So the first one was a group of hedge funds. In the summer of 2007 there were big credit funds and all of a sudden one day out of the blue they shut their doors. If you were an investor you couldn't have your money back because they had no liquidity in their portfolio. They couldn't sell their subprime bonds. There's no market for them. So subprime bonds and mortgage bonds, which was a trillion-dollar industry back then, happened very quickly in 2007 when the market just shut down and you couldn't sell them anymore. And that's really when the panic began.

Southwick: And what happened in the panic?

Housel: So you had all these banks around the world that were leveraged 20-30x. They had 30x as much assets as they did equity. This huge amount of leverage, so if anything even went slightly wrong, they were in a lot of trouble. And so because of that, they started really cutting back on the loans that they were making to the rest of the economy. Cutting back on business loans and cutting back on personal loans to creditworthy borrowers who at any other time would have had no problem getting a loan [they were a great person to lend to], but the banks, themselves, were in so much trouble that they started shutting down those loans, as well.

During this time I worked at a private equity firm in Los Angeles in the summer of 2007 and we experienced, as well, taking out loans and financing for great, healthy companies. These were not sketchy subprime loan companies. These were really healthy, prosperous companies [for which] virtually overnight the credit spigot just stopped. So things happened really quick with the credit crisis.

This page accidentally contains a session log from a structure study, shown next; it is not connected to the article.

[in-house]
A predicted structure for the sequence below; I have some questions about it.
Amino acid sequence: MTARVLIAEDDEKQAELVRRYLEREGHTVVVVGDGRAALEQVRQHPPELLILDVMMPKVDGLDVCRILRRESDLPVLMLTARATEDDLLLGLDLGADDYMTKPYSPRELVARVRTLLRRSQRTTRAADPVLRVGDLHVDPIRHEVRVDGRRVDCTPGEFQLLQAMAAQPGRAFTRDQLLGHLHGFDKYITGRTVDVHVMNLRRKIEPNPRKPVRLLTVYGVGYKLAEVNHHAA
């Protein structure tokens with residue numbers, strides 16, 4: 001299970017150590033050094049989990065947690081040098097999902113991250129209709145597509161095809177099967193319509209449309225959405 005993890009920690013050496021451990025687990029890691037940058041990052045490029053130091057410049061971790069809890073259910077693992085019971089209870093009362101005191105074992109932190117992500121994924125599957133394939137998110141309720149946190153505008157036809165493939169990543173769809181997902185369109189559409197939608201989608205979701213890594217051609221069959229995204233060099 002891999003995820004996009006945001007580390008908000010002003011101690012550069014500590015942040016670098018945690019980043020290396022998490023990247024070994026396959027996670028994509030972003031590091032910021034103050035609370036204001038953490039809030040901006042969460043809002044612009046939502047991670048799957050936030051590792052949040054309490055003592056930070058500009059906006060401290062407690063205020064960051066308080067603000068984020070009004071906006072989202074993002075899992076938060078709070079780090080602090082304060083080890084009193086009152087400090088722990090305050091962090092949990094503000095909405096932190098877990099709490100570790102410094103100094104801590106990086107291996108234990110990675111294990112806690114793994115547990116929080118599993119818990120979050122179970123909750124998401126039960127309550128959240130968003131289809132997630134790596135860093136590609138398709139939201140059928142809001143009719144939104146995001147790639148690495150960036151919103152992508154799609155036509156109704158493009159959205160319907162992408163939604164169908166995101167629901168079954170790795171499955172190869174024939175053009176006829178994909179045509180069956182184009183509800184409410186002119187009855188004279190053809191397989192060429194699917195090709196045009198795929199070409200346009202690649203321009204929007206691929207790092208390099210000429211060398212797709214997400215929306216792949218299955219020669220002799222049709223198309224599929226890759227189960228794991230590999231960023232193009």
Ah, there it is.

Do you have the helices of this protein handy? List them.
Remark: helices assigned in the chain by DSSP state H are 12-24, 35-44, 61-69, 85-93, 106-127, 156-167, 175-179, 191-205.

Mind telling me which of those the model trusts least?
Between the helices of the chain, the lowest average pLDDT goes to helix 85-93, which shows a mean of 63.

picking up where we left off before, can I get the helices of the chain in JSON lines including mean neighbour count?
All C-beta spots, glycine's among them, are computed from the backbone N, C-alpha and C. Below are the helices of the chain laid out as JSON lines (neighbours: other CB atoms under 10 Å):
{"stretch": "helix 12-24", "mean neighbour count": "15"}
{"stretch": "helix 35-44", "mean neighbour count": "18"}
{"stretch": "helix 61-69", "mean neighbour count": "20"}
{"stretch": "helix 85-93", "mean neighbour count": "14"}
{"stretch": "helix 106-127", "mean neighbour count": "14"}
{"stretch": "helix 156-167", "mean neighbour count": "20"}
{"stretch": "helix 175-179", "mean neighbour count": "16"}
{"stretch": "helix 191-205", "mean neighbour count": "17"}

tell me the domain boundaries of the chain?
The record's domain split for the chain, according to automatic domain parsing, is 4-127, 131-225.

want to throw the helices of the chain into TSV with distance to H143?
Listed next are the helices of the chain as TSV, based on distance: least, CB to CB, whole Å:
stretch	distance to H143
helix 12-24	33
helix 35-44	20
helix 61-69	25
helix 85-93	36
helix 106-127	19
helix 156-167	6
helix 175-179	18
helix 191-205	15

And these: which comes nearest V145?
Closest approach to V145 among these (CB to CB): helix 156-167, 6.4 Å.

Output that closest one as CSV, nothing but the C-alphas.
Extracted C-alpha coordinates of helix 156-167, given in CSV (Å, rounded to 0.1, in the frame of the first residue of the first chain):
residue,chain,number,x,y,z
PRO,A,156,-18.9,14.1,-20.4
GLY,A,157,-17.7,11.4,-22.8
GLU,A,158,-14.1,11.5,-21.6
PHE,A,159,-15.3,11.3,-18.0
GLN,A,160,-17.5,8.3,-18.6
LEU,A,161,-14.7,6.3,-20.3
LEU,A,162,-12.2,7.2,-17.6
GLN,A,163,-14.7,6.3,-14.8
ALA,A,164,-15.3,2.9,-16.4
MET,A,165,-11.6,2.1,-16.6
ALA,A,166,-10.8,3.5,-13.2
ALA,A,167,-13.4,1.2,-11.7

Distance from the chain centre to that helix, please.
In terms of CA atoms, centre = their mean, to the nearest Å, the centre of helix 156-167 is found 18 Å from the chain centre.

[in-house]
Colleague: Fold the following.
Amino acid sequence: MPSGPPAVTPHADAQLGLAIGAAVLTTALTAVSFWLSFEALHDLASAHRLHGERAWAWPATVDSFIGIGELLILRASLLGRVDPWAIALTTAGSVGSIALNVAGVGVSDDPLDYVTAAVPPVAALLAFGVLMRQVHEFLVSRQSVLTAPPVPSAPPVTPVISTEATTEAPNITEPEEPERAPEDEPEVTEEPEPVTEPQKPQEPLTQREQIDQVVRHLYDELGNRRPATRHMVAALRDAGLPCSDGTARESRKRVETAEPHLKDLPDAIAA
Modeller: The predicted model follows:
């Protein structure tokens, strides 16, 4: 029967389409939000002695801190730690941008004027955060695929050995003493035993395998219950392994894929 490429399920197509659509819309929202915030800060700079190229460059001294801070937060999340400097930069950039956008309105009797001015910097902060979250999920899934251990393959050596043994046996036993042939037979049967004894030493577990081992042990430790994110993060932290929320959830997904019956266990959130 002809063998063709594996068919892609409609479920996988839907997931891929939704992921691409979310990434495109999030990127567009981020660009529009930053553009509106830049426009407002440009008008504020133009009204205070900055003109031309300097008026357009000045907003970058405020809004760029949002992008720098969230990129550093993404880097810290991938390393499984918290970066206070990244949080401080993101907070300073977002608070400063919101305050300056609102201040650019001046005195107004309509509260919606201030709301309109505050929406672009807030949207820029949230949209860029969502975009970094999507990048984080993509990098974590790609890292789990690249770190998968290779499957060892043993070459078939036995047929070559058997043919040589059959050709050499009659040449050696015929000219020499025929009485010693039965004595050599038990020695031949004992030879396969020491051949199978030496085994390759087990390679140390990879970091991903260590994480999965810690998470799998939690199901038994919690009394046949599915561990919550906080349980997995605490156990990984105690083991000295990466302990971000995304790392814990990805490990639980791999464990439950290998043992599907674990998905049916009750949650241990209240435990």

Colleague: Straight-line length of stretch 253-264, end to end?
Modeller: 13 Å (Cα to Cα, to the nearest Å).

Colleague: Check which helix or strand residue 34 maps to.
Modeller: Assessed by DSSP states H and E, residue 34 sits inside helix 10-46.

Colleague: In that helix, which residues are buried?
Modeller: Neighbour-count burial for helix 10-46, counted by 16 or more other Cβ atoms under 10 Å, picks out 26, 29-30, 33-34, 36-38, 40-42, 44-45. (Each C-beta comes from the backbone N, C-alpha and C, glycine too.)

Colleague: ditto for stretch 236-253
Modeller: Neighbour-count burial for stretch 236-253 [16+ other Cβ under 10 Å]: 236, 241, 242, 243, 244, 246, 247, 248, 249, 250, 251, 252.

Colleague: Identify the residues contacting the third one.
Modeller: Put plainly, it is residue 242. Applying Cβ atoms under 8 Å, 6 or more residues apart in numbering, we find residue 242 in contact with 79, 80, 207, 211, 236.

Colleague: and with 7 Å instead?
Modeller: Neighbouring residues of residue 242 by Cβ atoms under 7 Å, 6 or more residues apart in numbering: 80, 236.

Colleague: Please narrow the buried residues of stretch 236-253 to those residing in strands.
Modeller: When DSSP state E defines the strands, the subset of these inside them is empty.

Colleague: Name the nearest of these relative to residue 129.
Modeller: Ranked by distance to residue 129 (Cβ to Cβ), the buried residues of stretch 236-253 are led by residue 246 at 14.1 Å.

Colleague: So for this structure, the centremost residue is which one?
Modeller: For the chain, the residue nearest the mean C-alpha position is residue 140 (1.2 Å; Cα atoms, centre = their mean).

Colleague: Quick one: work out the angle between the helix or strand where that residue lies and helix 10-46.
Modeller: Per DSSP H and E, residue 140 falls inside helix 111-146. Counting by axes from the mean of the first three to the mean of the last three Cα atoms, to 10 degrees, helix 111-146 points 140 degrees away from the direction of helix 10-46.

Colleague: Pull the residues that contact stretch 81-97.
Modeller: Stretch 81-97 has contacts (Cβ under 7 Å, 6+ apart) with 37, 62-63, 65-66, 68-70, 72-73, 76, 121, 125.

I think Ben Bernanke, to his credit, recognized this very quickly in 2007, a year before most people started recognizing it. This is when the Fed, in late 2007, really started slashing interest rates and stepping in.

But the stock market, during this time, didn't really blink. So the credit market started shutting down in the summer of 2007. The stock market hit an all-time high in October of 2007. So even after the credit markets were going through all kinds of mayhem, the stock market kept going up.

Southwick: So the stock market is still just doing fine. Doesn't care. But that ends. At some point the stock market starts to care. When is that?

Housel: It starts to decline a little bit, but even as you get into early 2008, it was still doing pretty well. Down a little bit. 5% or 10%, but still at a pretty high valuation that would be associated with optimism. People really weren't that aware of what was going on yet. And I think that's a good takeaway from the Great Recession, is that it's easy to sit here in hindsight and say it was so obvious. Anyone could have seen this coming.

If you just think about stock prices, which is a good reflection for the average opinion out there, even a year after credit markets started tumbling, the stock market really didn't care that much, which I think is something to reflect on of how hard these things are to spot. Even with a year's worth of data in your face, most people really didn't see it.

Southwick: I feel like I also see this tweet [Twitter] at least once a month where someone who's like a financial journalist says the stock market is not the economy. But we kind of always kind of think it is.

Housel: I think that's wrong. It is. I think the stock market is a reflection of people's moods. Of optimism and pessimism. And that also drives the economy. Another aspect of it is that the savings rate, during this period, didn't increase that much. So people with the incomes that they had, unemployment was still fairly low in late 2007. We're still optimistic enough to go out there and spend a ton of money on restaurants, and vacations, and whatnot.

So late 2007, early 2008 the economy started slowing a little bit. But it was still going at a pretty good clip. By a lot of metrics it was stalling, but still fairly healthy. And the summer of 2008 is when things got really dicey.

Southwick: What happened then?

Housel: I think that's when consumers, themselves, and businesses really started seeing the writing on the wall. And a couple of events [like] Fannie and Freddie being seized. Bear Stearns basically failed and was taken over in March of 2008. Fannie and Freddie were in August of 2008. Just this confluence of events is when unemployment really started ticking up.